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The new AP4 rally car category introduced recently was designed to provide a common set of regulations between Australia and New Zealand, however, already there are differences that are providing some angst amongst competitors and car builders.

Hayden Paddon's new Hyundai i20, seen here in testing this week, is fitted with a 1.8 litre Sonata engine.

The AP4 regulations, adopted jointly by CAMS and Motorsport NZ, covers the introduction of the ‘Maxi’-type cars.  These cars, originally developed by Baratec in Argentina, consist of a modified bodyshell with controlled dimensions for parity and a standard ‘kit’ of parts specifically designed to reduce build and ongoing running costs for competitors.

Mark Pedder’s Peugeot 208 ‘Maxi’ car, imported and built by RaceTorque in WA, is an example of the type of car permitted under the AP4 regulations.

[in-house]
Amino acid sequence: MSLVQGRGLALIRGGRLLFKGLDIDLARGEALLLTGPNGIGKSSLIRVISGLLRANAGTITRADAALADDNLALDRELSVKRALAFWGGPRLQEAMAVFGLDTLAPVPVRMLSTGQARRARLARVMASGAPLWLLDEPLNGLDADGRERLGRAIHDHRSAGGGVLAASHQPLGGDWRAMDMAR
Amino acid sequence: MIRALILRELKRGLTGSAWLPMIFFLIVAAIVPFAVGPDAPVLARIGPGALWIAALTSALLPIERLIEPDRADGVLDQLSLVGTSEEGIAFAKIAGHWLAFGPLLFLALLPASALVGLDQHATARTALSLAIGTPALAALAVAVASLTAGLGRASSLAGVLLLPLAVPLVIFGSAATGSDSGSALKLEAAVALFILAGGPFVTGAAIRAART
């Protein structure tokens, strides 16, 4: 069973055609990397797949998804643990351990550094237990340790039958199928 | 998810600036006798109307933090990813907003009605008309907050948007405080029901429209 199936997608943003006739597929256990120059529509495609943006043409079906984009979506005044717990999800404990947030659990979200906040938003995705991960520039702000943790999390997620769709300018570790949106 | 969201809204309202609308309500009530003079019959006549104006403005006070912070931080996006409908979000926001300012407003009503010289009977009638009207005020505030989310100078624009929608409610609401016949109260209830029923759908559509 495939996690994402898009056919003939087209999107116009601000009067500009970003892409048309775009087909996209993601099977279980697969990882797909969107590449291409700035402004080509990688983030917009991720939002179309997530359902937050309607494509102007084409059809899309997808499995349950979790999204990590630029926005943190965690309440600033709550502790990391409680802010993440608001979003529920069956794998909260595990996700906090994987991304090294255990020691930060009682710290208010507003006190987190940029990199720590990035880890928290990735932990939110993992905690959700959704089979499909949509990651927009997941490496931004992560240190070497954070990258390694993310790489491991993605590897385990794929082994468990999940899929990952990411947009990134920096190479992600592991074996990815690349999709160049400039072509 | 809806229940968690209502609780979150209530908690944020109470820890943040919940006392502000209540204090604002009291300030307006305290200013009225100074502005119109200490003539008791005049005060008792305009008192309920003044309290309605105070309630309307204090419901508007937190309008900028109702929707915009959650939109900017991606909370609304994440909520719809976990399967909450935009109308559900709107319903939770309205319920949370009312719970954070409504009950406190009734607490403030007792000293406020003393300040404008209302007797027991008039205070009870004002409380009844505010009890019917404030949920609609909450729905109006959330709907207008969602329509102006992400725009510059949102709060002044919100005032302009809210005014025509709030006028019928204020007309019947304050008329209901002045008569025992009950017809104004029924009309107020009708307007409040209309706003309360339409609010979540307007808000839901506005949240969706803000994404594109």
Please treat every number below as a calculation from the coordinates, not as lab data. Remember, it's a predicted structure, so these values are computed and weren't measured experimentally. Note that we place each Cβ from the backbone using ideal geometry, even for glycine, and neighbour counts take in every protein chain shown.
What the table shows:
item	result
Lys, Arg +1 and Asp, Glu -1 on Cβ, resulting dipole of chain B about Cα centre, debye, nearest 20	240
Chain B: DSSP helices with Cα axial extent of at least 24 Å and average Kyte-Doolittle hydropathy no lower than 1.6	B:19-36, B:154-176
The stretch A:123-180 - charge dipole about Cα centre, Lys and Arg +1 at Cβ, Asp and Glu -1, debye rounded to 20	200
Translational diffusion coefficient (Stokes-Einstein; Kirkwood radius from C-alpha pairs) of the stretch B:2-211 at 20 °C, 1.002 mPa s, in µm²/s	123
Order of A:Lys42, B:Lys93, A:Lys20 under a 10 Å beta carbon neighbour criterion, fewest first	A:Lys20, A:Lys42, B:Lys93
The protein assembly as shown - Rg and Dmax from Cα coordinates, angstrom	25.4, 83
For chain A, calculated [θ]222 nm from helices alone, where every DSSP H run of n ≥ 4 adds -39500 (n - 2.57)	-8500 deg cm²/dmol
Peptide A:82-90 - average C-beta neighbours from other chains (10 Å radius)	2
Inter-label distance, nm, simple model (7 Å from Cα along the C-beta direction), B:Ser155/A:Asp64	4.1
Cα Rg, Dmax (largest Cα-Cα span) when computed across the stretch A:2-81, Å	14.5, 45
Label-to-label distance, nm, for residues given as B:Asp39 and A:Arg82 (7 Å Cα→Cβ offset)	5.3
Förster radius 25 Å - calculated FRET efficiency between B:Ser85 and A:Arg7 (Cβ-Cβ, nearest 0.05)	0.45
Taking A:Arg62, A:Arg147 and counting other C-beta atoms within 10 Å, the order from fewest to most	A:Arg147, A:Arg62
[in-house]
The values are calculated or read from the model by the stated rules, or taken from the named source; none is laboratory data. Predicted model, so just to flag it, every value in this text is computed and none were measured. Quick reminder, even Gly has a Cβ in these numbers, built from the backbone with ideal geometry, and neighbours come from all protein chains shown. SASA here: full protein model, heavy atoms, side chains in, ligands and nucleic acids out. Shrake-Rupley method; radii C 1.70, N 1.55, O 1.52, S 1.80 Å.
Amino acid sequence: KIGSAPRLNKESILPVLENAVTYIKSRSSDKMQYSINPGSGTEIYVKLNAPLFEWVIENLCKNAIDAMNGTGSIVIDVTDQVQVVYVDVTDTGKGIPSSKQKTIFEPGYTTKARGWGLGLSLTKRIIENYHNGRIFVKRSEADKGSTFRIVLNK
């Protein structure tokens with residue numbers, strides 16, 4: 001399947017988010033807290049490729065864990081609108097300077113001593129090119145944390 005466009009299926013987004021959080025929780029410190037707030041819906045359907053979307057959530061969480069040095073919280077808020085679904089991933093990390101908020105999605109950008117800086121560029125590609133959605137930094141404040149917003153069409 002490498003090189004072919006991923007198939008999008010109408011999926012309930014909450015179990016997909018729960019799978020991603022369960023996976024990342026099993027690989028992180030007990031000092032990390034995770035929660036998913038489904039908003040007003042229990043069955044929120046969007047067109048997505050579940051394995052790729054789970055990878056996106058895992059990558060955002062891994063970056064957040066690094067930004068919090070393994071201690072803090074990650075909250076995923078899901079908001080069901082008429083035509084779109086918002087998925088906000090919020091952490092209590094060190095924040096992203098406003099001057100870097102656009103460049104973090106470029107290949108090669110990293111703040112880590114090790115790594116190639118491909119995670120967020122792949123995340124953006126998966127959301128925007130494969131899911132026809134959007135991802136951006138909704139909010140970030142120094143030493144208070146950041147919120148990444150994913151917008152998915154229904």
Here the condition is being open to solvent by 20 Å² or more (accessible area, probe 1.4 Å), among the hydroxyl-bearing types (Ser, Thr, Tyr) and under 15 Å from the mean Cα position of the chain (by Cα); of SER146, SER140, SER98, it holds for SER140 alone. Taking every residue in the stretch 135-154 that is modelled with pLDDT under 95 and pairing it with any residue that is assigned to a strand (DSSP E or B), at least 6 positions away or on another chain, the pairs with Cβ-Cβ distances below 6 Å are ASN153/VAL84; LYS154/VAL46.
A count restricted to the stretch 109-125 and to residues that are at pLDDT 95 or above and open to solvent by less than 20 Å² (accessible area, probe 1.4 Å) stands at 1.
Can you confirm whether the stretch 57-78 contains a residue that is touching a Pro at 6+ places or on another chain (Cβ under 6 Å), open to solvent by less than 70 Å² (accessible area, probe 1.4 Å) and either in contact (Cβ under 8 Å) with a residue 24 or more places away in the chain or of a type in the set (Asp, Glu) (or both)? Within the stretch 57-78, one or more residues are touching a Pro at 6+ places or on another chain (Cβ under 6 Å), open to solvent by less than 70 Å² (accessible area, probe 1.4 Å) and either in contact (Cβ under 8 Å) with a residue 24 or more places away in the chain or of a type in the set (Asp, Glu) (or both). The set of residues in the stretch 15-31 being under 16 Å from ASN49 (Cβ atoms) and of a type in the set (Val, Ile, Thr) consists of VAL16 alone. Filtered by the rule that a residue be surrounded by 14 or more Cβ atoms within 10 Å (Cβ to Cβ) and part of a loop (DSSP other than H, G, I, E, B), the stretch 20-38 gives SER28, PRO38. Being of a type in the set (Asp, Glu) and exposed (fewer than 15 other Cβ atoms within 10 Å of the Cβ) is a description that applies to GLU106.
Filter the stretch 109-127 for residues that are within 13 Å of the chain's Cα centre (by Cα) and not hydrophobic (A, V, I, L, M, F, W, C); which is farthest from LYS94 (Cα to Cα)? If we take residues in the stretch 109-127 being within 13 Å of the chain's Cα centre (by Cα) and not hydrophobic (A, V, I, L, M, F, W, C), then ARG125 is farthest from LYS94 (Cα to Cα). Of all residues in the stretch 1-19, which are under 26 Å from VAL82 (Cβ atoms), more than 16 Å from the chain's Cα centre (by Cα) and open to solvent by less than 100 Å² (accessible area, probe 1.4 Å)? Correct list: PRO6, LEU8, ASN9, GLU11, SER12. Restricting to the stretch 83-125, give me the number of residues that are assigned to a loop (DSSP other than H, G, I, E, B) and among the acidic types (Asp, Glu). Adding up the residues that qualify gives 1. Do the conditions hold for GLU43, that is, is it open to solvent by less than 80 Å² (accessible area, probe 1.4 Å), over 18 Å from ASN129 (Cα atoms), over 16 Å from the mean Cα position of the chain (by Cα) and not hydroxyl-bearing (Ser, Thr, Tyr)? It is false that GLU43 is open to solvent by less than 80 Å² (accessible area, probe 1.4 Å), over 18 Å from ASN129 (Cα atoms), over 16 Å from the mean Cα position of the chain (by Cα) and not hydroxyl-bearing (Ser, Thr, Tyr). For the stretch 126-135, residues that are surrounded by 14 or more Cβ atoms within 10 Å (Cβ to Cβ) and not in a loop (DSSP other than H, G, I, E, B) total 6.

But cars running under the “AP4” banner in this year’s New Zealand Rally Championship have been allowed greater freedoms, with cars able to run 1.8 litre engines instead of the regulated 1.6 litre motors.

The AP4 regulations allow each country to determine the engine capacity for cars competing in the respective National Championships. Motorsport NZ has allowed the larger capacity engines as an interim step to ensure that new cars built to the AP4 platform are competitive with the existing cars competing in the NZRC.

Hayden Paddon’s new Hyundai New Zealand i20 will run a 1.8 litre Sonata engine, a six-speed Sadev transmission and body panels from a 2015 Hyundai i20 World Rally Car.

Other cars running in the AP4 class at the Otago Rally, the opening round of the New Zealand Rally Championship, are Andrew Hawkeswood’s Mazda 2, Emma Gilmour’s Suzuki Swift, and Glenn Inkster’s Skoda Fabia.

UPDATE: Hyundai to develop 1.6 litre engine for i20 AP4.

- Peter Whitten

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